Orientalism as the “Other” in Artwork

The very notion of Orientalism evokes two intertwined concepts: the mysterious and subtle beauty that stands against Occidental rationality; and the idea of backwardness and barbarism imposed by Western colonialism.

Jul 17, 2021By Ana-Teodora Kurkina, MA & PhD in History

orientalism art snake charmer gerome graia gulf arabia


Orientalism is not only a way of reinterpreting the unfamiliar, but a cultural phenomenon that is deeply rooted in the most human fear of the unknown. In art, Orientalism is associated with exoticism – hazy coffeehouses, mysterious markets, impractical and intricate costumes, and unfathomable secrets paired with barbarism, cruelty, and irrationality. Orientalism reflects the fear and awe with which the imagined West sees the imagined East – a concept that exacerbates this already artificial divide. Since all art reflects the trends of its time and reality, it can rarely remain immune to propaganda. Orientalism is the result of such political and cultural propaganda. Introduced into scholarship and popular culture by Edward Said, Orientalism is just one form of describing an enigmatic “other.”


In addition to “Orientalism,” there exists “Occidentalism” – the same curious and dismissive view of the East aimed at the rational, arrogant, and ultimately shallow West. Both these notions are two sides of the same coin called “othering” by historians and specialists in social sciences.


Between Awe and Scorn: What Is Orientalism?

The Snake Charmer by Jean Leon Gerome, ca. 1879, via The Clark Art Institute, Williamstown, Massachusetts


While Orientalism is a phenomenon of “othering” characteristic for the West, it was not until recently that the term entered academia. The first person to address this concept was the historian Edward Said, whose seminal work “Orientalism” appeared in 1978. Said first defined the nature of Orientalism and its pitfalls. Said described this warped view of unfamiliar cultures as a “living tableau of queerness.” Although he focused on the perceptions of the exotic East, the very borders of that East always remained blurred – Orientalism enveloped Africa and the Middle East, China and Japan, India and Central Asia.


It was not until recently that another historian, Maria Todorova, addressed a different shade of Orientalism that targeted the Russian Empire and the Balkans. As it turns out, Said’s Orientalism describes a much more widespread phenomenon. Thus, Todorova’s concepts of “semi-othering” or “Balkanism” refer to the not-so-different but still “uncivilized” and “unfamiliar” Eastern European lands.

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Ultimately, Orientalism is defined by the Western viewpoint. One other important 18th-century scholar introduced this viewpoint, who took upon himself a task to measure the merits of all civilizations with one proverbial ruler.


The Ruins of the Smaller Temple at Baalbec by David Roberts, 1850, via Christie’s


If Said debunked Orientalism and its harmful effects, then Johann Winckelmann reinforced its bias in the domain of art and culture. He introduced the concept of a “worthy civilization” that would become the universal standard for cultures worldwide. As a brilliant art historian, Winckelmann was obsessed with Antiquity, his fascination leading him to turn Hellenistic culture into this golden standard imposed upon every civilization that ever was.


Winckelmann wrote: “The only way for us to become great, or even inimitable if possible, is to imitate the Greeks.”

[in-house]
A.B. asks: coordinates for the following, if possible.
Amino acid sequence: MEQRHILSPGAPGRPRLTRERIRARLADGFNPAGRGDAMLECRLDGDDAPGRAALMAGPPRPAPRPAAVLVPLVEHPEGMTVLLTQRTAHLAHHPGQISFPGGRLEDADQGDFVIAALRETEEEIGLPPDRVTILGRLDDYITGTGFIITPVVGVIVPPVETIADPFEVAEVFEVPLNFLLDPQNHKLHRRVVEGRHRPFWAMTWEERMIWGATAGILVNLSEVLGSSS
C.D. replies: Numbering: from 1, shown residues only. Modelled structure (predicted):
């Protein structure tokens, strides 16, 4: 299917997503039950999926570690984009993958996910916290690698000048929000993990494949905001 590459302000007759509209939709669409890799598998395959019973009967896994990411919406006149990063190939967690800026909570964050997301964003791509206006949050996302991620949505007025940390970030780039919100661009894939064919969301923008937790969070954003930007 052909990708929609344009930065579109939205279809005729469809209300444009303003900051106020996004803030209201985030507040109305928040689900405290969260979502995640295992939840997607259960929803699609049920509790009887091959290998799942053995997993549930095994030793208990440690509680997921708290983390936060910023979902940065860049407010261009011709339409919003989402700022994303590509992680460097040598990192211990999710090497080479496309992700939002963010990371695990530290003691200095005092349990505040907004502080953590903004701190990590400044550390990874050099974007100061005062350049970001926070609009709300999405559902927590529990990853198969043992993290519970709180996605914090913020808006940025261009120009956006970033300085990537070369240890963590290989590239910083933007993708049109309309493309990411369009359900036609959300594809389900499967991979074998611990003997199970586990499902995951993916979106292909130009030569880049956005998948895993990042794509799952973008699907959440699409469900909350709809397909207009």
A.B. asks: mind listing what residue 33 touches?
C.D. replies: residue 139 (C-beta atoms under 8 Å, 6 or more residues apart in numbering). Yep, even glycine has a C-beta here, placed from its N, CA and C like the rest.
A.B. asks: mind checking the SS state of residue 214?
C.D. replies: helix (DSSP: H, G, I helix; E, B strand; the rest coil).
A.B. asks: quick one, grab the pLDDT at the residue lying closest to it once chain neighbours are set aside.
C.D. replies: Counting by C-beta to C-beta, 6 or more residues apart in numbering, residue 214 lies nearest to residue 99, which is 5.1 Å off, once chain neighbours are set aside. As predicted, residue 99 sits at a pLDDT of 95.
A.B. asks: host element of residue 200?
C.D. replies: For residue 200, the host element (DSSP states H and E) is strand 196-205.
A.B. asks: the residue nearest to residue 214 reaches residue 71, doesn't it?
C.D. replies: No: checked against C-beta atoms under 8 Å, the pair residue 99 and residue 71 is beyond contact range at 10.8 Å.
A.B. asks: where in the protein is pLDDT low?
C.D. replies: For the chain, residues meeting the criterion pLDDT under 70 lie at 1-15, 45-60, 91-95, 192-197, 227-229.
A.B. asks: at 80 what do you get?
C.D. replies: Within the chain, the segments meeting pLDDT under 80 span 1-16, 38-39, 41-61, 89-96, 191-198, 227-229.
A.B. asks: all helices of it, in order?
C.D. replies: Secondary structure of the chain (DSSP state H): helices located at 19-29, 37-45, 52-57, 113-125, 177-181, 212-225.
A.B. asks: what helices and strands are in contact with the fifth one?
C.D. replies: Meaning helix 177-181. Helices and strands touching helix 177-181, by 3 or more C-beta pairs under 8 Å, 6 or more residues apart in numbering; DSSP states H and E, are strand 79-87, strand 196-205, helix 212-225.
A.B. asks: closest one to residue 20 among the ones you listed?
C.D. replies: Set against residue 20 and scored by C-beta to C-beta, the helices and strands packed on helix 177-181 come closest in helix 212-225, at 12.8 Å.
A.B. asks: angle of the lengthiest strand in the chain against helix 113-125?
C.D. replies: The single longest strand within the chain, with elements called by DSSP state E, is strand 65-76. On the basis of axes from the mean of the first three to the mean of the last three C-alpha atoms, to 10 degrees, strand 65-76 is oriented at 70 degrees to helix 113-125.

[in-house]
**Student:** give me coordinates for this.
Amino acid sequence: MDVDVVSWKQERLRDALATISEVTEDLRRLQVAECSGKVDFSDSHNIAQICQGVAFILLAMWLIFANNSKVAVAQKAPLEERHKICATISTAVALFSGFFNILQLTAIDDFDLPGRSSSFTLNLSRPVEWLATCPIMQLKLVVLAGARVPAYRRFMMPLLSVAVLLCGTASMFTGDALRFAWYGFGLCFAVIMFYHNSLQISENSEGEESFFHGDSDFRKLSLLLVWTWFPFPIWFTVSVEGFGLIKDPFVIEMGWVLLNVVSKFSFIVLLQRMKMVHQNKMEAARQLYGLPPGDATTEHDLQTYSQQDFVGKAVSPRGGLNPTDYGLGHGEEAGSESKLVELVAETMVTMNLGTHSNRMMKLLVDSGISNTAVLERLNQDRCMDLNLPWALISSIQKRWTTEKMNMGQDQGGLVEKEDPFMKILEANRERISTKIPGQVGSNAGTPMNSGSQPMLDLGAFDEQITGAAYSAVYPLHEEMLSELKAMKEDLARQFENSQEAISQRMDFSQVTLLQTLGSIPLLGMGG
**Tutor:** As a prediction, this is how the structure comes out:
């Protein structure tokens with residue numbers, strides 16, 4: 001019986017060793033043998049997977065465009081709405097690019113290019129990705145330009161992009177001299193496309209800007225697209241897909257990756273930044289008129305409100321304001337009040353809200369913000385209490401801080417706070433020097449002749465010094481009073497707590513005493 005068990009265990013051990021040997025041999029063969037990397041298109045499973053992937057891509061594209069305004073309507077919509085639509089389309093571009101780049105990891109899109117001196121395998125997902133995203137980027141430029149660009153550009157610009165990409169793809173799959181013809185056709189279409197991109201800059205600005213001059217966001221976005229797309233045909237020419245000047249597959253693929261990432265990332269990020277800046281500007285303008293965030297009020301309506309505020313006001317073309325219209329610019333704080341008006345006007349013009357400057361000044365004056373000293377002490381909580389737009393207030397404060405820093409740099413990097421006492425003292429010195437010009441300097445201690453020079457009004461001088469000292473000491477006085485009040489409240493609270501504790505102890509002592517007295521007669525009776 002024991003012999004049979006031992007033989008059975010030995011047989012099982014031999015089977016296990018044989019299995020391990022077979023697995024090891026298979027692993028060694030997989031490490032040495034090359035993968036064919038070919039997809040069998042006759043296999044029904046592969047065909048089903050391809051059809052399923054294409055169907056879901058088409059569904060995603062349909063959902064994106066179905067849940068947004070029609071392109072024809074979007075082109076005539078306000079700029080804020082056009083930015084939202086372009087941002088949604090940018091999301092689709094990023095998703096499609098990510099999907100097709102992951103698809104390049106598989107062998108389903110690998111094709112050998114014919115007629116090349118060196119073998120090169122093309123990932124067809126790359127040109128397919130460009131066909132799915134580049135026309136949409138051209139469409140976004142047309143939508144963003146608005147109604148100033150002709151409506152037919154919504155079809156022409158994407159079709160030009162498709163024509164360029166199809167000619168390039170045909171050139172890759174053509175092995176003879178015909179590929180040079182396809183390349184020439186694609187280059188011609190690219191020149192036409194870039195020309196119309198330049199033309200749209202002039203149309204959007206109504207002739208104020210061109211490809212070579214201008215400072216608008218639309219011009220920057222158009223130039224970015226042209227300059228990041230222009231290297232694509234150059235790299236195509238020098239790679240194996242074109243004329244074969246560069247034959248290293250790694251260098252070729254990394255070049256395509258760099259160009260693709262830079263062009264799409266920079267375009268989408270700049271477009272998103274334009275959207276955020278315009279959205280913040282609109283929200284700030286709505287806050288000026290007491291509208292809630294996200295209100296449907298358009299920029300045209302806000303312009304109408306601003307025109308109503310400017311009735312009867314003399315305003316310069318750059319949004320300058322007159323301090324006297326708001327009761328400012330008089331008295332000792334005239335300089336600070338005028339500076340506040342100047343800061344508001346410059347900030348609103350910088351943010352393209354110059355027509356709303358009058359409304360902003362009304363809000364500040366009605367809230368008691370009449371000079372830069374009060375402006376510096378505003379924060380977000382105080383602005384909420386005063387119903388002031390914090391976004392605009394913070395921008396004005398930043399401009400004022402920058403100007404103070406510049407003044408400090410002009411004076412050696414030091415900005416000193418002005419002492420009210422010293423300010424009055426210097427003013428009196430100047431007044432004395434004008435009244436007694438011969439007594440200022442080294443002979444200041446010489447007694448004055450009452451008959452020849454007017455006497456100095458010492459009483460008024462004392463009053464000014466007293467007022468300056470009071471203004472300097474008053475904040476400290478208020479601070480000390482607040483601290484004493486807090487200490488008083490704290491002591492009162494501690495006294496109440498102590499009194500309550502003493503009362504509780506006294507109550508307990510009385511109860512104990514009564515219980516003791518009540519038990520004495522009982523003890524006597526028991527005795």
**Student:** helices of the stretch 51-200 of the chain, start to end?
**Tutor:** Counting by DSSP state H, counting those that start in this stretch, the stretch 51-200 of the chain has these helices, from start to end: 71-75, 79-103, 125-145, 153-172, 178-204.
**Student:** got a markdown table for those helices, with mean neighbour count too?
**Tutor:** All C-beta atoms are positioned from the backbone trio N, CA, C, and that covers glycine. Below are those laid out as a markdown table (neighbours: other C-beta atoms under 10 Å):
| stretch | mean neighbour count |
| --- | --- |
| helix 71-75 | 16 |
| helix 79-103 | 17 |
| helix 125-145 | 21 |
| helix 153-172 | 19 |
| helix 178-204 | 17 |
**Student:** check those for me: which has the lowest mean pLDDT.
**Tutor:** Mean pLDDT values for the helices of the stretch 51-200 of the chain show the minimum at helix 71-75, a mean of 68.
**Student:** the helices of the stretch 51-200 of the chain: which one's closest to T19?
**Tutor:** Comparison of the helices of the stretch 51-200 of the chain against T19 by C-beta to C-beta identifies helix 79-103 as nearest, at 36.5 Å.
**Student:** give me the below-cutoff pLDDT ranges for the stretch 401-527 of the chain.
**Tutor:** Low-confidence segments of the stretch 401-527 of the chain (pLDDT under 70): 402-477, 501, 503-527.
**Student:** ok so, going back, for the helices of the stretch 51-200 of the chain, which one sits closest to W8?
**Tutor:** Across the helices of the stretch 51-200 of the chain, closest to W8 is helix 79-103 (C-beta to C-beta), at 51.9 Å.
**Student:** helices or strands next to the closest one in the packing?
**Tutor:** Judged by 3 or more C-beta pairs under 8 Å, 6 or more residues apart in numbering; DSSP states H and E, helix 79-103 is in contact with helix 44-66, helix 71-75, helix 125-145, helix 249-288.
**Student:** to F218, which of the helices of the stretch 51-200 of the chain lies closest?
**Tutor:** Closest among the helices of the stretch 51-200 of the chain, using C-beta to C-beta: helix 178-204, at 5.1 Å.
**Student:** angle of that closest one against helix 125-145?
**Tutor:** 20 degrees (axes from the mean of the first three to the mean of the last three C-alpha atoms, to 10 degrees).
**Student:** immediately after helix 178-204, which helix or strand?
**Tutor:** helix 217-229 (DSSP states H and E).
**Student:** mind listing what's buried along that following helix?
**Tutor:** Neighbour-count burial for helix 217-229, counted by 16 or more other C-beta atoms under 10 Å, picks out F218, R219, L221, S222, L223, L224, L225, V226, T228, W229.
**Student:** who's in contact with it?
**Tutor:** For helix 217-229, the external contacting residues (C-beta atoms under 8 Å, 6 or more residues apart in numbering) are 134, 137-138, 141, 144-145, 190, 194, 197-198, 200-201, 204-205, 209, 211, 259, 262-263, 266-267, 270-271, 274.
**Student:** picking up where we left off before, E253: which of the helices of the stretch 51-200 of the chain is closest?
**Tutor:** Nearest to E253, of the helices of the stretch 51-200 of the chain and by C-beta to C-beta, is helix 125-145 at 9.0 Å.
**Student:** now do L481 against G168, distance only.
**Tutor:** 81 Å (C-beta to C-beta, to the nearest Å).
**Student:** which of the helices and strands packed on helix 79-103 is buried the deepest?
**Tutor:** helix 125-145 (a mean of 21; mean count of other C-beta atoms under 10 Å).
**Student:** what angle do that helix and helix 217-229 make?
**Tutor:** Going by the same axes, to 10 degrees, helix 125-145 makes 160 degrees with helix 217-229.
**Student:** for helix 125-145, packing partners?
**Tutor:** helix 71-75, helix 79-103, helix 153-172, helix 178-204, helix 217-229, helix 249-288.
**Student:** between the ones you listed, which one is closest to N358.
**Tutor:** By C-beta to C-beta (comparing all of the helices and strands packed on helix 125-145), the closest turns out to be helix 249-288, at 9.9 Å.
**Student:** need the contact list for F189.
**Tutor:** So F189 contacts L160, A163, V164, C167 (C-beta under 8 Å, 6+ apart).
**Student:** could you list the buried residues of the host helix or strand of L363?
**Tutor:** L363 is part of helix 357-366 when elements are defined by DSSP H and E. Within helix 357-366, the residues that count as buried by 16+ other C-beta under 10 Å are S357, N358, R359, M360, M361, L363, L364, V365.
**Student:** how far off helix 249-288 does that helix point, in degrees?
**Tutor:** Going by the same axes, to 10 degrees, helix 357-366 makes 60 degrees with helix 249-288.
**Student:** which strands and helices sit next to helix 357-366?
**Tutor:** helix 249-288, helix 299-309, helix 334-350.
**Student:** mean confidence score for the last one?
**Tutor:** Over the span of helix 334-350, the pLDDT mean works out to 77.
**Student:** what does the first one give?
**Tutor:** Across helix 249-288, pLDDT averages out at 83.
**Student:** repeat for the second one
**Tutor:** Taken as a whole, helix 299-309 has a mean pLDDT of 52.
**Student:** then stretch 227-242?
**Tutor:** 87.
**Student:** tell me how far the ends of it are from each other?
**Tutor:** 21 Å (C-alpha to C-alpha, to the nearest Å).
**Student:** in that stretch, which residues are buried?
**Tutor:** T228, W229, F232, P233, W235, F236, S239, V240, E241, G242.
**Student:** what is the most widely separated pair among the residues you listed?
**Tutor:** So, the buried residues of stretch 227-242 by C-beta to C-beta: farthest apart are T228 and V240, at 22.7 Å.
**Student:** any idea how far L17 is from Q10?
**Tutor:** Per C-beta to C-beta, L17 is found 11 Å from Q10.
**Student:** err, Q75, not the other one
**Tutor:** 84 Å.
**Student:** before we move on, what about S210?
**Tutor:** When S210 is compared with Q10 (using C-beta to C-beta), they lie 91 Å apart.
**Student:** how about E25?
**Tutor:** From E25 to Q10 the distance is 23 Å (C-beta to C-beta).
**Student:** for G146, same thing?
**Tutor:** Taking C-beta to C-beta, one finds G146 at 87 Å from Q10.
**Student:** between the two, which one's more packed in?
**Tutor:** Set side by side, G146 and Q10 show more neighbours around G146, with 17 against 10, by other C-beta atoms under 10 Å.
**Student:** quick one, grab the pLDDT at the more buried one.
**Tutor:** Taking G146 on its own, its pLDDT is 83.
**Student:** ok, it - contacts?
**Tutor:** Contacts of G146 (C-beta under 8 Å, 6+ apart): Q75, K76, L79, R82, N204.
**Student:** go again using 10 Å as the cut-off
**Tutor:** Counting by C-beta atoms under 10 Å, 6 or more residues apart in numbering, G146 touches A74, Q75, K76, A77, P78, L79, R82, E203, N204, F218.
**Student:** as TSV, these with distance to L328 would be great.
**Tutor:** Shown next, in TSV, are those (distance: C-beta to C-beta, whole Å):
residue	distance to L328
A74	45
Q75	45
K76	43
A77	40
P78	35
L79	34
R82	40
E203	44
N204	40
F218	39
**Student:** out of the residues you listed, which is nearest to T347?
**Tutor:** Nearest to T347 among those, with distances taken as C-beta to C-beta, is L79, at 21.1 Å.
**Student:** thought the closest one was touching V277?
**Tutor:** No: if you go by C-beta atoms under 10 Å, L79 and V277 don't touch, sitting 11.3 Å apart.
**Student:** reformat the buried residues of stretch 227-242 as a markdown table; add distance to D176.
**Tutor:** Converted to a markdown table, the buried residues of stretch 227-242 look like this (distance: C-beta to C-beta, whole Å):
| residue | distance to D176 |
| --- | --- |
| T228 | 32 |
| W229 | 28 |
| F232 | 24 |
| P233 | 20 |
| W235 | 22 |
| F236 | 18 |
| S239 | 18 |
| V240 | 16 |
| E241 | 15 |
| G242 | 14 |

Grand Tours of Europe undertaken by young Western intellectuals and artists from the 18th century onward only reinforced that notion: these scholars flocked to Italy to see the grandeur of the Roman Empire and dreamt of Greece that was under Ottoman Rule.


Surprisingly, Greece, which eventually became an independent state, had a history that departed far from the imagined ancient ideals of Winckelmann’s Europe. In the mid-19th century, Greece broke off from the Ottoman Empire but preserved many Ottoman and Byzantine legacies, including Orthodoxy. In reality, Greek nationalist intellectuals and revolutionaries were ironically not at all similar to the Western idea about them.


Thus, Greeks, albeit to a lesser extent than most Balkan Slavs, faced the same sort of Orientalism from the West. Nonetheless, Orientalism did not always focus on dehumanization and exoticization. Orientalism in the hands of many European artists was initially an attempt to understand worlds they knew little about. After all, the awakening interest in the East caused the West to start cherishing the contributions of civilizations that did not follow the familiar set of rules of the ancient Greco-Roman civilizations.


The Unfathomable “Other”

Marble Statue of Osiris-Antinous, ca. 117-138 CE, via Musei Vaticani, Vatican City


It is difficult to determine when Orientalism became such an inherent part of art and culture in the West. After all, it is typical for all civilizations to regard those unlike them with a mixture of interest and scorn. Typically, the “barbarians” are such because they are not “one of us.” Art was the first medium that treated the “other” not just with derision but with the attention that would later lead to appreciation and gradual understanding.


Ancient Romans and Greeks tried to imitate Ancient Egypt’s grandeur while still viewing it as an “exotic other.” This fascination with Egypt spanned centuries. Some of the most famous examples of Orientalist artwork from the Roman era are the sculptures of Antinous as Osiris with an Egyptian Crown. Antinous was the lover of Emperor Hadrian who perished under mysterious circumstances. Sculpted with the classical Egyptian headdress, Osiris-Antinous expressed the regal and divine nature of a figure deified by his grieving lover. These statues demonstrate the seeds of Orientalist attitudes by blending imitation and curiosity. This way of thinking would later influence and shape European art.